Monday, May 14, 2012

A Haunting and Tragic "Suicide"? or Maybe Not!


In the headline for today's featured story on,  editor in chief, Ret. Major Glenn MacDonald, blows us away once again, with his in-depth investigative journalism.  This time with never before told details surrounding the tragic death (alleged suicide) of Admiral Mike Boorda, who successfully rose through the ranks from becoming an enlisted seaman to being promoted to the highest ranking position in the U.S. Navy,  Chief of Naval Operations.  

Glen writes...

You should know, dear reader, we are not among those who despised ADM Jeremy "Mike" Boorda. In fact, we did and always will admire this fine man, who went all the way from Seaman to Chief of Naval Operations. No one has done it before, and it's very likely no one else will accomplish such a feat in the future.

ADM Boorda deserves our respect and remembrance as a great leader who deeply cared about his sailors and country.

On this, the 16th anniversary of his mysterious death, we should mourn his loss, but also demand the Pentagon come clean on what really happened in the Washington Navy Yard on May 16, 1996
The "official story" - that Boorda committed suicide because he was shamed over wearing two attachments to ribbons that he may or may not have earned - is ludicrous on its face. In the 12 years has been on line, we have not run into one Navy enlisted member or officer who buys that steaming kettle of fish.

Mike Campbell, a now-retired civilian Navy public affairs officer, knew Boorda personally, worked with him, and says "no way" did the former CNO take his own life. Retired submariner Mike Keating of Chandler, AZ agrees. "Mike Boorda was a better man than that," he said. Mark Carter, a retired Navy petty officer from Richmond, ME thinks the Navy has engineered a cover-up. "I wouldn't be surprised if he was murdered," the Maine native said.

However, the mainstream media has not shared the widespread skepticism of the Navy rank-and-file. No investigative articles have appeared in the New York TIMES or Washington POST. A check of shows no books have been written, not a one about the case, in the 16 years since Boorda's bizarre death. Why not?

Is the Boorda "suicide" the "third rail" of American journalism? Or does the establishment media - more in the pocket of the Pentagon than many realize - not care to speculate on what has to be one of the most baffling unsolved mysteries in U.S, military history.
Let's go back to 1996 and study the circumstances that led to the tragedy of Mike Boorda's untimely death.

He had already told friends and fellow officers he planned to retire from the Navy in a matter of months.

Three days before he died he told Master Chief of the Navy John Hagen he was getting done in August. "I'd like to do something like make money, fly a plane, buy a boat."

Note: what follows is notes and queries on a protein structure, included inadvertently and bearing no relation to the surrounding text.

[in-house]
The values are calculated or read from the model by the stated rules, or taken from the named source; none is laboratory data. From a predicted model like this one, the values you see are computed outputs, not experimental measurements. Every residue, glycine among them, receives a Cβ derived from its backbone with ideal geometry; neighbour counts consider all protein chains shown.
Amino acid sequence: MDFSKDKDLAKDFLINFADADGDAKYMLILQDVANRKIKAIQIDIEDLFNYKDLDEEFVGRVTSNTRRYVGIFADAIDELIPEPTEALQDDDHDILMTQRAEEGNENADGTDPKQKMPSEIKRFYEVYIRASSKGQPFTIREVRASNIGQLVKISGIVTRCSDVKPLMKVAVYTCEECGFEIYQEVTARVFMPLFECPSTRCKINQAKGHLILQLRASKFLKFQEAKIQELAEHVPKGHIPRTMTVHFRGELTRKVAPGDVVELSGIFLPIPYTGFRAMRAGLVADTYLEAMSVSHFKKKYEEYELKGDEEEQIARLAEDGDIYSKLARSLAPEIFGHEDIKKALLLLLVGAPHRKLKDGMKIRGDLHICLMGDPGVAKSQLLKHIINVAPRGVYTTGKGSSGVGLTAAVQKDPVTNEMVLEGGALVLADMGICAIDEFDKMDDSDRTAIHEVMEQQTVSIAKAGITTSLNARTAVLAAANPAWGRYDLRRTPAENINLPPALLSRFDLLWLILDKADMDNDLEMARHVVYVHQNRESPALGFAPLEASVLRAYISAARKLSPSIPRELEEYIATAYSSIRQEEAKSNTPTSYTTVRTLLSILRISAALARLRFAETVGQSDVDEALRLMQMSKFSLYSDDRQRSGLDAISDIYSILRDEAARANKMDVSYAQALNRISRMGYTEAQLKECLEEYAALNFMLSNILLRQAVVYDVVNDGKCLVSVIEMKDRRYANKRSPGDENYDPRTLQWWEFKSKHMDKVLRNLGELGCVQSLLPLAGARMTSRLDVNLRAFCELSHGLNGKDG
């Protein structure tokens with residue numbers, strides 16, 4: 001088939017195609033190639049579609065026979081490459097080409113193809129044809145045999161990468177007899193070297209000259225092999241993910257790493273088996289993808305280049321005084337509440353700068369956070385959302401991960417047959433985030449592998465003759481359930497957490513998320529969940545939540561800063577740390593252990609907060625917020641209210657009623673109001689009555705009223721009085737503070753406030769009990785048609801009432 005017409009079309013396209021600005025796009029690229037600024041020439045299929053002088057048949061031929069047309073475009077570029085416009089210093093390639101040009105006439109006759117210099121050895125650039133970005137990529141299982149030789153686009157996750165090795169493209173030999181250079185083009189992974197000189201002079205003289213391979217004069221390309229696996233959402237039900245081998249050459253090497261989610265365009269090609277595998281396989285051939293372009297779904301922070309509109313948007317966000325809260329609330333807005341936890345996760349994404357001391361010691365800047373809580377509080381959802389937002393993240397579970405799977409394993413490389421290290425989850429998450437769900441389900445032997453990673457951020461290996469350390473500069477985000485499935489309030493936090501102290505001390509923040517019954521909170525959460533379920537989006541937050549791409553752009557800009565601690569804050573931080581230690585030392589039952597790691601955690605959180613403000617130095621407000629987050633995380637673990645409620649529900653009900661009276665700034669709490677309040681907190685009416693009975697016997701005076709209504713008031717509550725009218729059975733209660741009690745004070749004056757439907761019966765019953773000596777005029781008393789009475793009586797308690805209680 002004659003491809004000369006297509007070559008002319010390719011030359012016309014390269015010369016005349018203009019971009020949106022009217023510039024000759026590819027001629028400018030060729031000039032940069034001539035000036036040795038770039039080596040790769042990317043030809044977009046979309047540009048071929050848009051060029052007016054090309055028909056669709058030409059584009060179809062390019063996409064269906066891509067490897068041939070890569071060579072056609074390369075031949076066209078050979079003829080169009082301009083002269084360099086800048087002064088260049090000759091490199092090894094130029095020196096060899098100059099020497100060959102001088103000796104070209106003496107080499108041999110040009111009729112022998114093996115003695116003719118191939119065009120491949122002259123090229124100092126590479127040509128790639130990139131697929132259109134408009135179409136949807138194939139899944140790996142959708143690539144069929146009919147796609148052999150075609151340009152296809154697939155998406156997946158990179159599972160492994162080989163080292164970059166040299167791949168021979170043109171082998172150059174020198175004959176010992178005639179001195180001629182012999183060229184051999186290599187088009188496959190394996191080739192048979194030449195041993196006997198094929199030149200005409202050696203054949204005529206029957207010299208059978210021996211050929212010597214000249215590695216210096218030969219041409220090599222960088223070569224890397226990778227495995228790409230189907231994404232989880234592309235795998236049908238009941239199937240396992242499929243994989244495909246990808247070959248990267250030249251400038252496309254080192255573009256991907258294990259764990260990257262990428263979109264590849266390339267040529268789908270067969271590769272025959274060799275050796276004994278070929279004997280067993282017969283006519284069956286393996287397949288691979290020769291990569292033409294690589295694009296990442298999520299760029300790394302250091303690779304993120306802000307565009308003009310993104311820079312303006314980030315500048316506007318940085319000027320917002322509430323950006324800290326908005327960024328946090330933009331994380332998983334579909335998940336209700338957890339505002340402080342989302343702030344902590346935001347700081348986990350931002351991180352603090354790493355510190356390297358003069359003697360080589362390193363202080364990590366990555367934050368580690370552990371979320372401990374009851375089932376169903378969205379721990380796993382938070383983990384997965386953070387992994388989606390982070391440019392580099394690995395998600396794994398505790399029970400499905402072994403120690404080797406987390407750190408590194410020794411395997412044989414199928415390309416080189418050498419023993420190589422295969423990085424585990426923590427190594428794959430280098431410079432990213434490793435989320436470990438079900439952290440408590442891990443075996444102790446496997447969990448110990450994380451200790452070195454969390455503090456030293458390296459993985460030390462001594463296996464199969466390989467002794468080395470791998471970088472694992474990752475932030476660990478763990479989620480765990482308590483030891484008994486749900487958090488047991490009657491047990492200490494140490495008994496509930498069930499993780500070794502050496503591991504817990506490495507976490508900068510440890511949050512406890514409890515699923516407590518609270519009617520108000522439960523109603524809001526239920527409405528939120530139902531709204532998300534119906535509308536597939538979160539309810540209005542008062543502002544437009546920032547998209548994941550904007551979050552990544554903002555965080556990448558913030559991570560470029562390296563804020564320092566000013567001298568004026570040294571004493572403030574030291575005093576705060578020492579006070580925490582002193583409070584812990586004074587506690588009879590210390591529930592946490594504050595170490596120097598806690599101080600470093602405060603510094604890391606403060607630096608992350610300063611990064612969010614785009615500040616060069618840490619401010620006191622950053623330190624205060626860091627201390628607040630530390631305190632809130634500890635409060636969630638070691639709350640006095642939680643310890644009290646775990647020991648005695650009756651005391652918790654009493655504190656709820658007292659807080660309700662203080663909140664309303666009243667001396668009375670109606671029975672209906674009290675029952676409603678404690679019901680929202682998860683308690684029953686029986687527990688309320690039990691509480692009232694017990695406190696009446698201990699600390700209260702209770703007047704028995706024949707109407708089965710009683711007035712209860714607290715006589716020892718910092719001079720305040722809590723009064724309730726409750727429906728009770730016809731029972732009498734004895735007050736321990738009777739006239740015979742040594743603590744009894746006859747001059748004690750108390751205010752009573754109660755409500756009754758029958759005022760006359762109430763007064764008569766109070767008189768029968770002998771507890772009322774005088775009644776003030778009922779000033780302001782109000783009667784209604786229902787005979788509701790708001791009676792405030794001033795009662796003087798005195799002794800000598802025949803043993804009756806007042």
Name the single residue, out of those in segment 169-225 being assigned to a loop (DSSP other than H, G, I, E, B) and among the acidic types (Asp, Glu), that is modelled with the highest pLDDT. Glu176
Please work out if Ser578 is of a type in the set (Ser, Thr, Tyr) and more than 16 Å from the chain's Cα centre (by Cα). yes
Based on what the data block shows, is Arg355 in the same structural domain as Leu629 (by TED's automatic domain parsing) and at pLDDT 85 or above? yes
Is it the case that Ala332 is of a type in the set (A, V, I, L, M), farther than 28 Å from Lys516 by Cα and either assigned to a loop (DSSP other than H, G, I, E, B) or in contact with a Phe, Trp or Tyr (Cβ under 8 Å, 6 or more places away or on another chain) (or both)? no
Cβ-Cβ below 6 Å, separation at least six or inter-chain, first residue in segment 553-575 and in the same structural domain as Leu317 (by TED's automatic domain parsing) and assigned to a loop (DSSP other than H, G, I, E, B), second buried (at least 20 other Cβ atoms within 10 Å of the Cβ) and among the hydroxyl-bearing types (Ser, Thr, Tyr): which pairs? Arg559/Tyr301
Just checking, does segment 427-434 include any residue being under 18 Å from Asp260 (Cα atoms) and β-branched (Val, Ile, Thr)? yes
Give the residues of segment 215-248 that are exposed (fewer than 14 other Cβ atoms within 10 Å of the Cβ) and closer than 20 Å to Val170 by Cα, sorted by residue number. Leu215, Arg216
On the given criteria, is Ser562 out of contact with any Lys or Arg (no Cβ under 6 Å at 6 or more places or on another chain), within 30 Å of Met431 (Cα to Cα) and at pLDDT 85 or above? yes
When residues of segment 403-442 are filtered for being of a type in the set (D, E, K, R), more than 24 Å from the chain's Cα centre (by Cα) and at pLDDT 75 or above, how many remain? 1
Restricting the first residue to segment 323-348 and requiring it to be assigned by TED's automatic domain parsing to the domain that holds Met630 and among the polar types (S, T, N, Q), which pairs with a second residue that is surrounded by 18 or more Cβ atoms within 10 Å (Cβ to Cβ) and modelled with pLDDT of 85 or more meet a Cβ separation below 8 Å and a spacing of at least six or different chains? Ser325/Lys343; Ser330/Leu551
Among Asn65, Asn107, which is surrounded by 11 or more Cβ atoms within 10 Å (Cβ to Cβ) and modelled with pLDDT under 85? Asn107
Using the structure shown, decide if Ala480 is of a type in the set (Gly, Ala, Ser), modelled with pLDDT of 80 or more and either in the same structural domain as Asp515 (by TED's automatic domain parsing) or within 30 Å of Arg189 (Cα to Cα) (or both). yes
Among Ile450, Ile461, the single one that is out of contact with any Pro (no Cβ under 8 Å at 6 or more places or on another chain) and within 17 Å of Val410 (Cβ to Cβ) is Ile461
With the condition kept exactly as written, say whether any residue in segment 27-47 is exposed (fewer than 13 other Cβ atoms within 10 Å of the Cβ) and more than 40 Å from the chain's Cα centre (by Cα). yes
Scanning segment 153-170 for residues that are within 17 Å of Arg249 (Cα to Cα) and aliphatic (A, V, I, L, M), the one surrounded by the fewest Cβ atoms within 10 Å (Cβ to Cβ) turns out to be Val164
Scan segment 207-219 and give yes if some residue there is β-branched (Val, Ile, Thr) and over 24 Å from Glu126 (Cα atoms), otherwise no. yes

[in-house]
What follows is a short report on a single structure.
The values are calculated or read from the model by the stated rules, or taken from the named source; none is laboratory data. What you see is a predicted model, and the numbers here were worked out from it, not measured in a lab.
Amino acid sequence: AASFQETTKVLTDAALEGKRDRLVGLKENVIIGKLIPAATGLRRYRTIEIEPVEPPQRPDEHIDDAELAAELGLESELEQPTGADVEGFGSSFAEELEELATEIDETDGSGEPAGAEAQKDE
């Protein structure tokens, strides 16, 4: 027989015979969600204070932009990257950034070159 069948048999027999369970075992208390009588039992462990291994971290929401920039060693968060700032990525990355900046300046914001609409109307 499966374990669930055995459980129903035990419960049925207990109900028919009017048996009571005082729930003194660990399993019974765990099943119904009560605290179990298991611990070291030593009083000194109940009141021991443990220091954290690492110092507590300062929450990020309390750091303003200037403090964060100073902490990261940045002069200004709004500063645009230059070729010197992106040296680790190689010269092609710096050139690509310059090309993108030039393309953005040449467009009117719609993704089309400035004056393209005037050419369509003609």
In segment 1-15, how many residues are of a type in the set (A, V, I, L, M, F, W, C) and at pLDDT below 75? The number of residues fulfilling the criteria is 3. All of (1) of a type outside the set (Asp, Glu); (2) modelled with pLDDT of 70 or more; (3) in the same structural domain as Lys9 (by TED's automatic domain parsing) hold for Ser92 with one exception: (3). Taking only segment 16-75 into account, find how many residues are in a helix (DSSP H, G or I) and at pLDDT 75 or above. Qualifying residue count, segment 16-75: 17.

Does that sound like a man who, just 72 hours later, would fire a bullet into his chest and go down in history as the first Chief of Naval Operations to bear the stigma of committing suicide? Not hardly.

But there is more.
It isn't widely known that one of Boorda's four children, David, suffered from Cerebral Palsy. The admiral dearly loved his first-born son. A caring and thoughtful man toward strangers, Boorda would not leave his beloved wife Bettie behind in such a way to end up sole caregiver to their disabled eldest son.

Did the Navy's first Jewish CNO have some deep-seated tendency to self-destruct, as the Pentagon spinmeisters would have you believe? We invite you to read the following words from a speech Boorda gave at the U.S. Naval Academy just one month before his death.

"Can the sailor commit suicide and not have the leader know that he or she was in distress? No, we can't ignore things we must work on. If we hide them, we do everybody a disservice."
Part of the "official story" is Boorda became unhinged when he learned muckrakingNEWSWEEK columnist David Hackworth and another reporter from the news magazine were coming on May 16th to confront him about the wearing of "unauthorized" V for valor devices on two of the CNO's combat medals.

But when a concerned Rear Admiral Kendell Pease, the Navy's chief information officer, asked Boorda what he was going to do, the CNO calmly remarked (in front of witnesses): "Well, we'll just tell them the truth." And the truth was, when advised in 1995 that the ribbon devices may not be allowed, Boorda removed them immediately and told his staff what he had done. There was no intention to hide or deceive, despite what Hackworth and National Security News Service correspondent Roger Charles suspected.

Now, let's stop here for a moment and analyze what we know. Boorda did not at anytime exhibit fear, dread, uneasiness, or trepidation about the upcoming visit from the inquiring reporters. He was on record as planning what to do in his retirement, coming in a very few months. Boorda cherished his family and would never do anything to harm or cause them pain. A man who climbs all the way from swabbie to CNO, and serves 40 years in the Navy, does not blow himself away over something as relatively trivial as what he faced.
Yes, Boorda had been publicly attacked by the sometimes surly former Navy Secretary James Webb. In a blistering speech given at the Naval Academy, the blunt-speaking Vietnam veteran tore into Boorda for many of the Navy's ills.

"Some (Navy leaders) are guilty of the ultimate disloyalty. To save or advance their careers, they have abandoned the very ideals of their profession in order to curry favor with politicians."

We might add here, the snub-nosed Webb knows all about "currying favor with politicians" of both parties. Originally a Democrat, he became a Republican and served one turbulent year as Secretary of the Navy in Ronald Reagan's administration. In recent years, we have seen him flip-flop back to the Democrats and compile a voting record as senator from Virginia that largely supports the programs of leftist President Barack Hussein Obama.